The National Pork Producers Council Wednesday commended Agriculture Secretary Vilsack for dedicating $500 million in USDA Commodity Credit Corporation (CCC) funds for prevention of and preparation for African swine fever (ASF), a pig-only disease that would be devastating for the U.S. pork industry.
The CCC, a wholly owned government corporation created in 1933, implements specific agricultural programs established by Congress and carries out activities under the CCC Charter Act.
“NPPC thanks Sec. Vilsack for providing additional funding for federal efforts to protect America’s 60,000-plus pork producers from this devastating disease,” said NPPC President Jen Sorenson. “The United States remains free of ASF, and the U.S. pork industry for the past several years has been doing everything it can to maintain that status. These funds will help that effort.”
“To paraphrase then-Vice President Biden, this is a big freakin’ deal,” said Bob Acord, an NPPC consultant and former administrator of USDA’s Animal and Plant Health Inspection Service (APHIS). “This is unprecedented both in terms of the amount dedicated to one animal disease and of getting the funds upfront, before we have the disease in the U.S.”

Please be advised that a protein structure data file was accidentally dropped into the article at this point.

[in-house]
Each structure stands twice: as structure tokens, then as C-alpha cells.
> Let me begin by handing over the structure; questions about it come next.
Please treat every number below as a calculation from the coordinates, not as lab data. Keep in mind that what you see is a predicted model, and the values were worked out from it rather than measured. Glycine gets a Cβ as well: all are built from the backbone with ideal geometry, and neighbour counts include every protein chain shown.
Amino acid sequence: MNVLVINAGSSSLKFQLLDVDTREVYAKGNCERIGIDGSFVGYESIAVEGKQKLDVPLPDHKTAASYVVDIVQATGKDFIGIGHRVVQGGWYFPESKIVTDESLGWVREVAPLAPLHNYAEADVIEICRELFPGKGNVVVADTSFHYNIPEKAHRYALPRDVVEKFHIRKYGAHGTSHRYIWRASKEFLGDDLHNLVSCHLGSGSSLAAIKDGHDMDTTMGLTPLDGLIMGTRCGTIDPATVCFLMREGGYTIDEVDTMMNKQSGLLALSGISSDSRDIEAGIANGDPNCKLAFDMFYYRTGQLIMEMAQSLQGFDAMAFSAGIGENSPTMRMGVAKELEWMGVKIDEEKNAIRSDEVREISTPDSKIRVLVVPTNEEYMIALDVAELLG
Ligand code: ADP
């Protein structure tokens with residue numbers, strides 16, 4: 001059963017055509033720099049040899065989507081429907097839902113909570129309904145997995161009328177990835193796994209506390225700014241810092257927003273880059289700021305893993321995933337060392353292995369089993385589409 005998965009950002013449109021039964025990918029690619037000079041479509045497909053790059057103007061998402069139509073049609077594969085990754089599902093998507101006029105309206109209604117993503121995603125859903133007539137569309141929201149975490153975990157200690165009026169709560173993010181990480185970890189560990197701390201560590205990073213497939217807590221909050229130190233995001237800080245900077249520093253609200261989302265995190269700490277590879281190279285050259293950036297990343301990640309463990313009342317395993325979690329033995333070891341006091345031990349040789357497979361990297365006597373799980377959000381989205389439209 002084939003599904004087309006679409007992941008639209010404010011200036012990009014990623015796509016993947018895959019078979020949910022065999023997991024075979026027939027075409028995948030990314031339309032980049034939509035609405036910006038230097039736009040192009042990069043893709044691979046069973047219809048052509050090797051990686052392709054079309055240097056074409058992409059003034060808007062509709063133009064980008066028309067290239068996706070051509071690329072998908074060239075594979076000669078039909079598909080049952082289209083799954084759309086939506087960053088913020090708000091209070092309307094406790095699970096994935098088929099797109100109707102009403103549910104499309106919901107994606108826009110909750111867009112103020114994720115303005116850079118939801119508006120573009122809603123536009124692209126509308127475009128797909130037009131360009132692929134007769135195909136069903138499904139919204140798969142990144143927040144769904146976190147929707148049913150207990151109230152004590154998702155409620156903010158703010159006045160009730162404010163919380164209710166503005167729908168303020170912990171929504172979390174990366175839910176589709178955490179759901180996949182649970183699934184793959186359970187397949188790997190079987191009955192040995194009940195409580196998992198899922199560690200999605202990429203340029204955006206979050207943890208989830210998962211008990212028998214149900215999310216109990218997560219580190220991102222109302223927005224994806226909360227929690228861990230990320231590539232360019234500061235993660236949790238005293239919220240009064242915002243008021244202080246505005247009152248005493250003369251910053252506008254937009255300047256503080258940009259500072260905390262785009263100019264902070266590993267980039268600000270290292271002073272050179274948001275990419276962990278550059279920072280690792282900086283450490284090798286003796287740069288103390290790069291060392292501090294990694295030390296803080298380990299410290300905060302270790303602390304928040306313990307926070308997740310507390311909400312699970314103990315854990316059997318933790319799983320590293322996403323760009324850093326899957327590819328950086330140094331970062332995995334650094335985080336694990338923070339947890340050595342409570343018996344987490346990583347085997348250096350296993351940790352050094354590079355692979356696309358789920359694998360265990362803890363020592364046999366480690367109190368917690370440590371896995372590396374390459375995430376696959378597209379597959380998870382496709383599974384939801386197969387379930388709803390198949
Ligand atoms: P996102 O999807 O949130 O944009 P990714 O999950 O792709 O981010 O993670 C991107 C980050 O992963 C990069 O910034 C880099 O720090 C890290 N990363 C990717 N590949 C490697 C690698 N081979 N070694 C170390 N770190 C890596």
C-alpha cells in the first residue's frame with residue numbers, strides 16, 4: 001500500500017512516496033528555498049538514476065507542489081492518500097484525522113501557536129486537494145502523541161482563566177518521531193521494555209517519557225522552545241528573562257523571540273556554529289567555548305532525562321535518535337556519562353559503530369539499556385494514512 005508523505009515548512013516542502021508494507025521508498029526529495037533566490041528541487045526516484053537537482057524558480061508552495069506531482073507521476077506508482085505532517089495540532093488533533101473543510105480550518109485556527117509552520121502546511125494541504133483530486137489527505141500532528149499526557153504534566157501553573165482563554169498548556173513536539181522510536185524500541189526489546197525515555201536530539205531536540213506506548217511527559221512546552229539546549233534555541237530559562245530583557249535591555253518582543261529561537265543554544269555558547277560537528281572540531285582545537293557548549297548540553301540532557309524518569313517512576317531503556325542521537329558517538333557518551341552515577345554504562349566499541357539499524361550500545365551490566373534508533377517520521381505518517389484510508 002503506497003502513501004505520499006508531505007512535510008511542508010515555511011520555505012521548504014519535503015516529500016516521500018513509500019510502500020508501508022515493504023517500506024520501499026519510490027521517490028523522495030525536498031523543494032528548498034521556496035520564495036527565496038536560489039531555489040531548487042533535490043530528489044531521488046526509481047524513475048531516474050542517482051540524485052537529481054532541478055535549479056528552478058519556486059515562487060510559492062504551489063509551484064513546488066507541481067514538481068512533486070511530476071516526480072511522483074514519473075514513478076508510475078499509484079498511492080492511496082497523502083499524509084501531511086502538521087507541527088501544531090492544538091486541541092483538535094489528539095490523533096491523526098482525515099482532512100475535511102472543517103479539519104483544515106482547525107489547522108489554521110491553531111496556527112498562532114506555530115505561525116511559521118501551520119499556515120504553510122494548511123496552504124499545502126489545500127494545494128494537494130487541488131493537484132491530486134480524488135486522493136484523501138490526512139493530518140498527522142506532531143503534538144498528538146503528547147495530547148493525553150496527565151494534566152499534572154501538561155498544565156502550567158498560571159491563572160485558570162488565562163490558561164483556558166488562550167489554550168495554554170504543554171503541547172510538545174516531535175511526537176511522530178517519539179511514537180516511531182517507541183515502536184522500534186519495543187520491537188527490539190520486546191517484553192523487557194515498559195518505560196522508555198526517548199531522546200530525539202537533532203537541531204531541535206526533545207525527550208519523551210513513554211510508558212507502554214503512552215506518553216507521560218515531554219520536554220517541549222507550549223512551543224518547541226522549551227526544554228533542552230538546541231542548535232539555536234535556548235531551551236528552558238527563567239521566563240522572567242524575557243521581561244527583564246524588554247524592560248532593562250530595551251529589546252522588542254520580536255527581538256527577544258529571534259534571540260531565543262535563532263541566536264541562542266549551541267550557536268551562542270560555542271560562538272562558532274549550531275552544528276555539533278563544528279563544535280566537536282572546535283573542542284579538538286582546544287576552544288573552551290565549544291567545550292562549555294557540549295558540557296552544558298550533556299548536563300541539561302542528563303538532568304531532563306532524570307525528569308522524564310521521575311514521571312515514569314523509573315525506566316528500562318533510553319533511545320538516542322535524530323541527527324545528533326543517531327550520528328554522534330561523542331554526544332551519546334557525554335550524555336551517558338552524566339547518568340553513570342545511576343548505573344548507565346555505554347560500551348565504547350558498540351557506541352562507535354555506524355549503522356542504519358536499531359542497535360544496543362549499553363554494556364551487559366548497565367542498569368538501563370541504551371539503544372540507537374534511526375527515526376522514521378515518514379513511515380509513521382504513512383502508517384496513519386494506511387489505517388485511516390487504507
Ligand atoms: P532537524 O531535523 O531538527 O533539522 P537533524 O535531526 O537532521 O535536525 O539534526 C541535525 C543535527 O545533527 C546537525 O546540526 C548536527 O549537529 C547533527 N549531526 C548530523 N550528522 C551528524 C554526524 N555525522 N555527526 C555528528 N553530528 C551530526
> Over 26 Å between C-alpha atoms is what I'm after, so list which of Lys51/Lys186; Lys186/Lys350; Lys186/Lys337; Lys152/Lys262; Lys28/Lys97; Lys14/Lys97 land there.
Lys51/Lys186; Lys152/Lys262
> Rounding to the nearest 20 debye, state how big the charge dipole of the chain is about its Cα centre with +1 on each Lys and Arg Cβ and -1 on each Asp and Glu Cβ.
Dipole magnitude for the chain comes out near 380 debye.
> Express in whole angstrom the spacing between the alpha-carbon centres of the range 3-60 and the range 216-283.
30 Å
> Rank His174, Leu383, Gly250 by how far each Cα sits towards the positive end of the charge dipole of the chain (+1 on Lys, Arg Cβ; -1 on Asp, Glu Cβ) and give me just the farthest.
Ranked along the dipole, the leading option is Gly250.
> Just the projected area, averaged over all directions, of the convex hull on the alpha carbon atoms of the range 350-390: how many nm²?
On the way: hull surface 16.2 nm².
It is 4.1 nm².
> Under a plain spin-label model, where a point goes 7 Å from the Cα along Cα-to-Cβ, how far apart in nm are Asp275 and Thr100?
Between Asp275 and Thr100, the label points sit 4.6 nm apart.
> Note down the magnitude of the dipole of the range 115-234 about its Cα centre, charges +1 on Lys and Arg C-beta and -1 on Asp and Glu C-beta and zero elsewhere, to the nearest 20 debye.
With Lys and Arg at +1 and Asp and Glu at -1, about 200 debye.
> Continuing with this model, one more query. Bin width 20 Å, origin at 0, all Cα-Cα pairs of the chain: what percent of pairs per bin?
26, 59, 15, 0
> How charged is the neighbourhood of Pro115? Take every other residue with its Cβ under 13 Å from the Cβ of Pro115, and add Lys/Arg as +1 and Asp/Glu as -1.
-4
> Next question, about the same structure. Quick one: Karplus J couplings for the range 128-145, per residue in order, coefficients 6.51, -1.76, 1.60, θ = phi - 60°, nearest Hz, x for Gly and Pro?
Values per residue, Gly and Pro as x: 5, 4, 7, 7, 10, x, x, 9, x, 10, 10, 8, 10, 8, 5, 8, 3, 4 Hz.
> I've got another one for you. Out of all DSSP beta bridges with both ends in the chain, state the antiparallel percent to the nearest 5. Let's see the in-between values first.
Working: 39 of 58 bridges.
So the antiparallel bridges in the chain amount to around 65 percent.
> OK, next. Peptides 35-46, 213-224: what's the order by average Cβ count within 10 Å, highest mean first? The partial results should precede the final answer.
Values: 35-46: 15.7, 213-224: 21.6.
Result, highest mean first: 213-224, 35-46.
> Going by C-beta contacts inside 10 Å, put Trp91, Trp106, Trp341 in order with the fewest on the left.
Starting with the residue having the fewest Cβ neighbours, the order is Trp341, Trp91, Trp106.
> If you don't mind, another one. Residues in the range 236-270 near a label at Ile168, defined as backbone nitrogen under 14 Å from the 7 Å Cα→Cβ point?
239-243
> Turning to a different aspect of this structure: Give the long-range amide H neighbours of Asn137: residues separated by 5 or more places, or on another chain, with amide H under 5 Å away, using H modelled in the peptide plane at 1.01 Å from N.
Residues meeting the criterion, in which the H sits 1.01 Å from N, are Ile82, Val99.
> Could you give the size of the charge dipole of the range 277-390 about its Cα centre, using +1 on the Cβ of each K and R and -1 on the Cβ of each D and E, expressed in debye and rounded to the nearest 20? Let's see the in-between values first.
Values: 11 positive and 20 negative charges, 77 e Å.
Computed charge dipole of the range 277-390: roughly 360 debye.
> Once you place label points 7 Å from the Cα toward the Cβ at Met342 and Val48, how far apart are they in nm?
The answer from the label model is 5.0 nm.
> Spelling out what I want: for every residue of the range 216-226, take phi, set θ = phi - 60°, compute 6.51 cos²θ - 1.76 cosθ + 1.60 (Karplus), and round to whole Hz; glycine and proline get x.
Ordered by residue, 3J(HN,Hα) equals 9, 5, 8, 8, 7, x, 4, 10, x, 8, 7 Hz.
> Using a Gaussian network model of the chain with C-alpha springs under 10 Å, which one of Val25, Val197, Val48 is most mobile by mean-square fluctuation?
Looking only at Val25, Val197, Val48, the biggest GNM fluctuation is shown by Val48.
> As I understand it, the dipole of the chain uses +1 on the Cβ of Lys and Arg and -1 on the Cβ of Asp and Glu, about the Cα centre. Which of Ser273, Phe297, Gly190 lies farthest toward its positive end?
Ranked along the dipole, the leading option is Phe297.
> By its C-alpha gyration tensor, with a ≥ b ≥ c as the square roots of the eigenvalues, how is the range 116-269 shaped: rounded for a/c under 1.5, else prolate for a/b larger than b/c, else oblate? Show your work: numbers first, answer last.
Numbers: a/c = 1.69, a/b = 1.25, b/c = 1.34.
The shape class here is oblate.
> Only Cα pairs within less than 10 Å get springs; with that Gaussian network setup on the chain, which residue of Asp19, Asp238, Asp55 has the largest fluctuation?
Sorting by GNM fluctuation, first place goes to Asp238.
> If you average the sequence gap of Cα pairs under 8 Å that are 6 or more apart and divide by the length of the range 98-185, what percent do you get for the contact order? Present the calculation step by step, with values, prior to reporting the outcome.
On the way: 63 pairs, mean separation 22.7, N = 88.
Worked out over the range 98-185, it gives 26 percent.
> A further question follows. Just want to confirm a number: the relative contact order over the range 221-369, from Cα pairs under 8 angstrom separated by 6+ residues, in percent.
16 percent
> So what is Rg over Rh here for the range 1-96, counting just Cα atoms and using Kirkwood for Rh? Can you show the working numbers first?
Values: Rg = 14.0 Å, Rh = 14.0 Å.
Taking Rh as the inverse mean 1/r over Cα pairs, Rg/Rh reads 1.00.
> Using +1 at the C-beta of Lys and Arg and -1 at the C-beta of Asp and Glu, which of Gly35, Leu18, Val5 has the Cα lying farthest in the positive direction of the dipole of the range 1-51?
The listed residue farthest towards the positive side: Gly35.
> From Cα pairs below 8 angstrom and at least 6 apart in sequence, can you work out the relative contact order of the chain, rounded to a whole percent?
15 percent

ASF, which is not a threat to people but is highly contagious among hogs and has a nearly 100 percent mortality rate, recently was detected in the Dominican Republic and in Haiti, the first time in 40 years the disease has been in the Western Hemisphere. APHIS immediately took steps to stop the spread of the disease to the U.S. mainland and to the U.S. territories of Puerto Rico and the U.S. Virgin Islands.
Ever since ASF began spreading through Asia in 2018, NPPC has been urging Congress and USDA to prepare for the disease, asking for, among other things, funds for additional U.S. agricultural inspectors, more staff for USDA’s Veterinary Services, funds for APHIS’s Veterinary Stockpile for equipment to euthanize hogs and additional washout facilities for trucks that transport livestock.
For its part, NPPC has been educating U.S. pork producers about precautions to protect the U.S. swine herd, including using caution when hosting on-farm visitors from ASF-positive regions of the world, reviewing biosecurity protocols to ensure consistent practice of appropriate safeguards and discussing with feed suppliers the origin of ingredients they use in hog feed formulas.
“ASF is a serious disease, with serious consequences for pork producers,” Sorenson said. “We’re pleased USDA recognizes the severity of this threat and is dedicating a lot of resources to deal with it and to protect the nation’s pork producers.”
Source: NPPC news release